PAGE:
For making a facial mist made of live bacteria seem appealing. This biotech startup breeds bacteria commonly found in dirt and untreated water, and put it in its first product: AO+ Refreshing Cosmetic Mist, a spray that looks, smells and tastes like water, but is bacteria-loaded. The premise is this: Before human beings started scrubbing with soap and shampoo, our skin and hair was coated with healthy doses of ammonia-oxidizing bacteria, which cleaned, deodorized, and boosted the immune system. Initially uninterested in marketing AO+ like a cosmetic (the primary goal was therapies for severely blemished and damaged skin), AOBiome changed tack when a New York Times Magazine profile of the product went viral last May, holding the most-e-mailed slot for a month. The startup received 20,000 e-mails in two weeks requesting the product, and quickly hired a GM of consumer products, adopted the slogan “Bacteria is the New Black,” and tackled the tricky task of rapidly increasing production in larger and larger bioreactors. It hit market last summer. Early data revealed equal interest from men and women, highly unusual for a cosmetic product. And while it’s hard to call a healthy immune system stylish per se, there’s something to be said for a company that aims to disrupt the product-laden routine many people consider a necessary step toward living stylishly. Shampoo and a body wash are now on the horizon.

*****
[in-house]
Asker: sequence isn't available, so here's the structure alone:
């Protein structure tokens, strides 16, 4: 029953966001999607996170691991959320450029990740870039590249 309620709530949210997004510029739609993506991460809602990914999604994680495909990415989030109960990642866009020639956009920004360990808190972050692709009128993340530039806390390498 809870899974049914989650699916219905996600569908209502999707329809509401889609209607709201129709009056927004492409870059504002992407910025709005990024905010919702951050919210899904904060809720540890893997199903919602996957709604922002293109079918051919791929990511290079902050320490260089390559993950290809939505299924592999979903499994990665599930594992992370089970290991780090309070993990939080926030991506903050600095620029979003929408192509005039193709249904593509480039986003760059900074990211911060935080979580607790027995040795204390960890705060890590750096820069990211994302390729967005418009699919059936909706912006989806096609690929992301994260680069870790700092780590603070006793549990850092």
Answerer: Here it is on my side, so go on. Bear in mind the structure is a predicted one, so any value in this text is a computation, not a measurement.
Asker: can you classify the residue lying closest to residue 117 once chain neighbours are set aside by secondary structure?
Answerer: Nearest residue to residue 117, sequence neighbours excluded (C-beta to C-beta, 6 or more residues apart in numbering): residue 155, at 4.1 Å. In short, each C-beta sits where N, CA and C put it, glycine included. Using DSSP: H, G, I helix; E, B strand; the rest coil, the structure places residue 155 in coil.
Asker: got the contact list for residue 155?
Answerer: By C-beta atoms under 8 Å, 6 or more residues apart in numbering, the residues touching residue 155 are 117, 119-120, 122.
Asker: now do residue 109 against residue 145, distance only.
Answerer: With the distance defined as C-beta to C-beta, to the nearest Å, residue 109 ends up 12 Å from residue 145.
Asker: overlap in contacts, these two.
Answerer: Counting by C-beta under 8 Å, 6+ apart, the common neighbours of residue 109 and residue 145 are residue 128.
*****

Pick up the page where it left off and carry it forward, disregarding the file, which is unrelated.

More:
*Due to a production error, Herschel Supply Co. was previously left off of an earlier version of this list.